Thalidomide and angiostatin inhibit tumor growth in a murine xenograft model of human cervical cancer

Levi S. Downs, Lisa M. Rogers, Yumi Yokoyama, Sundaram Ramakrishnan

Research output: Contribution to journalArticle

12 Citations (Scopus)

Abstract

Objective. To determine the impact of thalidomide and angiostatin on tumor growth, angiogenesis, and apoptosis in a xenograft model of cervical cancer. Methods. Human umbilical endothelial cells were treated with angiostatin or thalidomide and bFGF-induced proliferation was assessed with the MTT assay. Human cervical cancer cells (CaSki and SiHa) were injected into the flanks of nude mice. After tumors developed, mice were treated with angiostatin 20 mg/kg/day or thalidomide 200 mg/kg/day for 30 days. Fractional tumor growth was determined and immunohistochemical analysis of tumors was used to determine degree of angiogenesis. TUNEL assay was used to assess apoptosis. Results. Angiostatin inhibited endothelial cell proliferation by 50-60%. Thalidomide had no direct effect on endothelial cells. Angiostatin and thalidomide both inhibited tumor growth by about 55%. We found no additive or synergistic effect when the two agents were combined. Both agents inhibited angiogenesis and induced apoptosis when compared to tumors from control animals. Conclusions. Angiostatin and thalidomide inhibit tumor growth, angiogenesis, and induce apoptosis in this xenograft model of cervical cancer.

Original languageEnglish (US)
Pages (from-to)203-210
Number of pages8
JournalGynecologic Oncology
Volume98
Issue number2
DOIs
StatePublished - Aug 1 2005
Externally publishedYes

Fingerprint

Angiostatins
Thalidomide
Heterografts
Uterine Cervical Neoplasms
Growth
Neoplasms
Apoptosis
Endothelial Cells
Umbilicus
In Situ Nick-End Labeling
Nude Mice
Cell Proliferation

Keywords

  • Angiogenesis
  • Angiostatin
  • Cervical cancer
  • Thalidomide
  • Xenograft mouse model

ASJC Scopus subject areas

  • Oncology
  • Obstetrics and Gynecology

Cite this

Thalidomide and angiostatin inhibit tumor growth in a murine xenograft model of human cervical cancer. / Downs, Levi S.; Rogers, Lisa M.; Yokoyama, Yumi; Ramakrishnan, Sundaram.

In: Gynecologic Oncology, Vol. 98, No. 2, 01.08.2005, p. 203-210.

Research output: Contribution to journalArticle

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AU - Rogers, Lisa M.

AU - Yokoyama, Yumi

AU - Ramakrishnan, Sundaram

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N2 - Objective. To determine the impact of thalidomide and angiostatin on tumor growth, angiogenesis, and apoptosis in a xenograft model of cervical cancer. Methods. Human umbilical endothelial cells were treated with angiostatin or thalidomide and bFGF-induced proliferation was assessed with the MTT assay. Human cervical cancer cells (CaSki and SiHa) were injected into the flanks of nude mice. After tumors developed, mice were treated with angiostatin 20 mg/kg/day or thalidomide 200 mg/kg/day for 30 days. Fractional tumor growth was determined and immunohistochemical analysis of tumors was used to determine degree of angiogenesis. TUNEL assay was used to assess apoptosis. Results. Angiostatin inhibited endothelial cell proliferation by 50-60%. Thalidomide had no direct effect on endothelial cells. Angiostatin and thalidomide both inhibited tumor growth by about 55%. We found no additive or synergistic effect when the two agents were combined. Both agents inhibited angiogenesis and induced apoptosis when compared to tumors from control animals. Conclusions. Angiostatin and thalidomide inhibit tumor growth, angiogenesis, and induce apoptosis in this xenograft model of cervical cancer.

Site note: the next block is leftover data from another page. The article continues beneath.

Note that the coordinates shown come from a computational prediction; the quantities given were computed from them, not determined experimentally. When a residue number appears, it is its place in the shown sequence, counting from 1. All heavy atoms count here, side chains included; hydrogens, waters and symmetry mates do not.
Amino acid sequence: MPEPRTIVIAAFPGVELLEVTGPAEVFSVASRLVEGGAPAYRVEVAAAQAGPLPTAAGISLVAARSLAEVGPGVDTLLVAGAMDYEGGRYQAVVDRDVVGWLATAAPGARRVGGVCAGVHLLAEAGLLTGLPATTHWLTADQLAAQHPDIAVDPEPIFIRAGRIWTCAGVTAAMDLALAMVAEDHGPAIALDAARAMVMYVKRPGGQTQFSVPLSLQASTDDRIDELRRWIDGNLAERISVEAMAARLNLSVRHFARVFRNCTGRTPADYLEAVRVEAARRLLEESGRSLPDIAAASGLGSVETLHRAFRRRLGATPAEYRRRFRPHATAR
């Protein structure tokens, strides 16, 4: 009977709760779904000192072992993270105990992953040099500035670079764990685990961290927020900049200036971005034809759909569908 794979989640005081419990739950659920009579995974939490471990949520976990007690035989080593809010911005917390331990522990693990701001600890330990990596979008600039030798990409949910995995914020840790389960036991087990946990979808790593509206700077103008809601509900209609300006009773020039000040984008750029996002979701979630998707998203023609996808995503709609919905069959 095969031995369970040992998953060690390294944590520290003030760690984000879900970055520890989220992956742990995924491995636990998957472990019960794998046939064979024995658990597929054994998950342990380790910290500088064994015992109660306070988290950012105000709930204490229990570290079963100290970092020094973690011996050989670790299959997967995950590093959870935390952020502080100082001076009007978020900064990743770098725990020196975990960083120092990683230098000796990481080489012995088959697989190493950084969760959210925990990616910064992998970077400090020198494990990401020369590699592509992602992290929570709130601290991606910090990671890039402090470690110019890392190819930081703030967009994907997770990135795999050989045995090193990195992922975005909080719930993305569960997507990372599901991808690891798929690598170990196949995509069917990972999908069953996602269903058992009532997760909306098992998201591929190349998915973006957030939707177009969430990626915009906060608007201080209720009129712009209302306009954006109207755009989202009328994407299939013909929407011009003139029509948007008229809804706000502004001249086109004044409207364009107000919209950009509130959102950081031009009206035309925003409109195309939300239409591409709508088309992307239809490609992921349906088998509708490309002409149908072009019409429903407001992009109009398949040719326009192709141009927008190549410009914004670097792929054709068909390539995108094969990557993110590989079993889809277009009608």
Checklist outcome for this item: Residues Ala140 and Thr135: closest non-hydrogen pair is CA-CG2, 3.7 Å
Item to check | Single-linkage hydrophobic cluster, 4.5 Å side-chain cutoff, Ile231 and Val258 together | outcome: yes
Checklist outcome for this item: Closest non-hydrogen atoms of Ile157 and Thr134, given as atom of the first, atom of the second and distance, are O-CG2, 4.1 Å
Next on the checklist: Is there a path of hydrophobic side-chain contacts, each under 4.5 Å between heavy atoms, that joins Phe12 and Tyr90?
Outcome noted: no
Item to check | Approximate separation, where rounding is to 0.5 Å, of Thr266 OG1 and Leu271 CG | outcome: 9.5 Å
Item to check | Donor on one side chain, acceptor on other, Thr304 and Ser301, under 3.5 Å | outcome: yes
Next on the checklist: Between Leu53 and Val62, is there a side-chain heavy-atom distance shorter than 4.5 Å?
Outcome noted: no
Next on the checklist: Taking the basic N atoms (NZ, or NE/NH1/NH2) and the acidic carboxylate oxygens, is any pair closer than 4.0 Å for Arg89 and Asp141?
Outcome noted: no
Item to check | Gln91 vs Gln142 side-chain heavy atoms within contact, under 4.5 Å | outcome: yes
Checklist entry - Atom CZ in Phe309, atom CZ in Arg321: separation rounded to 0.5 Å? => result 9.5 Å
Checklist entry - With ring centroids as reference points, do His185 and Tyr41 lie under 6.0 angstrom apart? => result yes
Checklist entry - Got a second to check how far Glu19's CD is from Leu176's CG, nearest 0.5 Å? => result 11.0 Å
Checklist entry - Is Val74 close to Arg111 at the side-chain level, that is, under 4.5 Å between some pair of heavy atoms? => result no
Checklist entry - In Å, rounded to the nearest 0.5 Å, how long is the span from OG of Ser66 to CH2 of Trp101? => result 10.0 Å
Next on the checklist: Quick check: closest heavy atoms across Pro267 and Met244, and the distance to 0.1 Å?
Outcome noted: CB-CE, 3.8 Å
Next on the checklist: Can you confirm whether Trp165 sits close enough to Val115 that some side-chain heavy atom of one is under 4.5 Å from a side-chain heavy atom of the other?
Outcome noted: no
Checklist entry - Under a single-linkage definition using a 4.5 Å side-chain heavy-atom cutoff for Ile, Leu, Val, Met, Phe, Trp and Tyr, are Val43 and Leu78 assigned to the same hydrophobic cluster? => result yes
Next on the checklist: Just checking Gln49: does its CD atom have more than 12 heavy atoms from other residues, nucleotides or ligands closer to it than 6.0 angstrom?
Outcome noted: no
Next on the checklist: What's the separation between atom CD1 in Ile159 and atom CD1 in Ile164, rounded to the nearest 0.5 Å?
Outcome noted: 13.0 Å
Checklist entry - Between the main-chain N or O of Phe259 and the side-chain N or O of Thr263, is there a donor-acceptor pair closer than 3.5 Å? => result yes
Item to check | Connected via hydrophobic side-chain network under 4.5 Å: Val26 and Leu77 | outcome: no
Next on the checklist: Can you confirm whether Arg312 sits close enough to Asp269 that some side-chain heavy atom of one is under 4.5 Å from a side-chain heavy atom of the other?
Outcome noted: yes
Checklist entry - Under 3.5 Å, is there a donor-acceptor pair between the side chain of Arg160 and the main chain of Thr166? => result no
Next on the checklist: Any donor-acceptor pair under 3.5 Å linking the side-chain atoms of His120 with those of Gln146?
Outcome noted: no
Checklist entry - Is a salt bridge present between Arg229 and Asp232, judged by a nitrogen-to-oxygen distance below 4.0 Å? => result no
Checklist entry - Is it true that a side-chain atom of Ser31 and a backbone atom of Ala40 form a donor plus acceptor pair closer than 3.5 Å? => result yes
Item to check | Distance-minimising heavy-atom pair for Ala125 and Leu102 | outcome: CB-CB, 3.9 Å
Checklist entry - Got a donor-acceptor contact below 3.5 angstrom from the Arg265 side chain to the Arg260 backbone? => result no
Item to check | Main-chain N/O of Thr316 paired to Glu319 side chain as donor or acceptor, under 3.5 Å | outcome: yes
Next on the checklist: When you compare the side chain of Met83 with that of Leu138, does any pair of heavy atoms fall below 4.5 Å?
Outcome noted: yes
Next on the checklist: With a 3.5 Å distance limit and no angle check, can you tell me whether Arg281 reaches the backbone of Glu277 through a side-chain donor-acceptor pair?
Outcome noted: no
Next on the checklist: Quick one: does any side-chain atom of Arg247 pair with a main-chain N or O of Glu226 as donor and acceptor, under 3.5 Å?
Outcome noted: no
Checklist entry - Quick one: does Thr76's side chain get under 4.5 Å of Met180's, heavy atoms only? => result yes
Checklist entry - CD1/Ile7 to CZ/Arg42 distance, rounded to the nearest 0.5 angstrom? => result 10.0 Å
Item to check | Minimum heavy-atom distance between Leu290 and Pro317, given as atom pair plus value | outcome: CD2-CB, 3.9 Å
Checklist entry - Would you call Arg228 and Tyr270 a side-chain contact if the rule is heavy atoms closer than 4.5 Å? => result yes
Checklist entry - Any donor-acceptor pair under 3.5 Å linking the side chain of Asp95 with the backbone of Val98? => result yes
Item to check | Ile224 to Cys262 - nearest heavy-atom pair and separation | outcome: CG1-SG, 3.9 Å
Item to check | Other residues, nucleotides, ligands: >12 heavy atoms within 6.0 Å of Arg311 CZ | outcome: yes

AB - Objective. To determine the impact of thalidomide and angiostatin on tumor growth, angiogenesis, and apoptosis in a xenograft model of cervical cancer. Methods. Human umbilical endothelial cells were treated with angiostatin or thalidomide and bFGF-induced proliferation was assessed with the MTT assay. Human cervical cancer cells (CaSki and SiHa) were injected into the flanks of nude mice. After tumors developed, mice were treated with angiostatin 20 mg/kg/day or thalidomide 200 mg/kg/day for 30 days. Fractional tumor growth was determined and immunohistochemical analysis of tumors was used to determine degree of angiogenesis. TUNEL assay was used to assess apoptosis. Results. Angiostatin inhibited endothelial cell proliferation by 50-60%. Thalidomide had no direct effect on endothelial cells. Angiostatin and thalidomide both inhibited tumor growth by about 55%. We found no additive or synergistic effect when the two agents were combined. Both agents inhibited angiogenesis and induced apoptosis when compared to tumors from control animals. Conclusions. Angiostatin and thalidomide inhibit tumor growth, angiogenesis, and induce apoptosis in this xenograft model of cervical cancer.

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KW - Cervical cancer

KW - Thalidomide

KW - Xenograft mouse model

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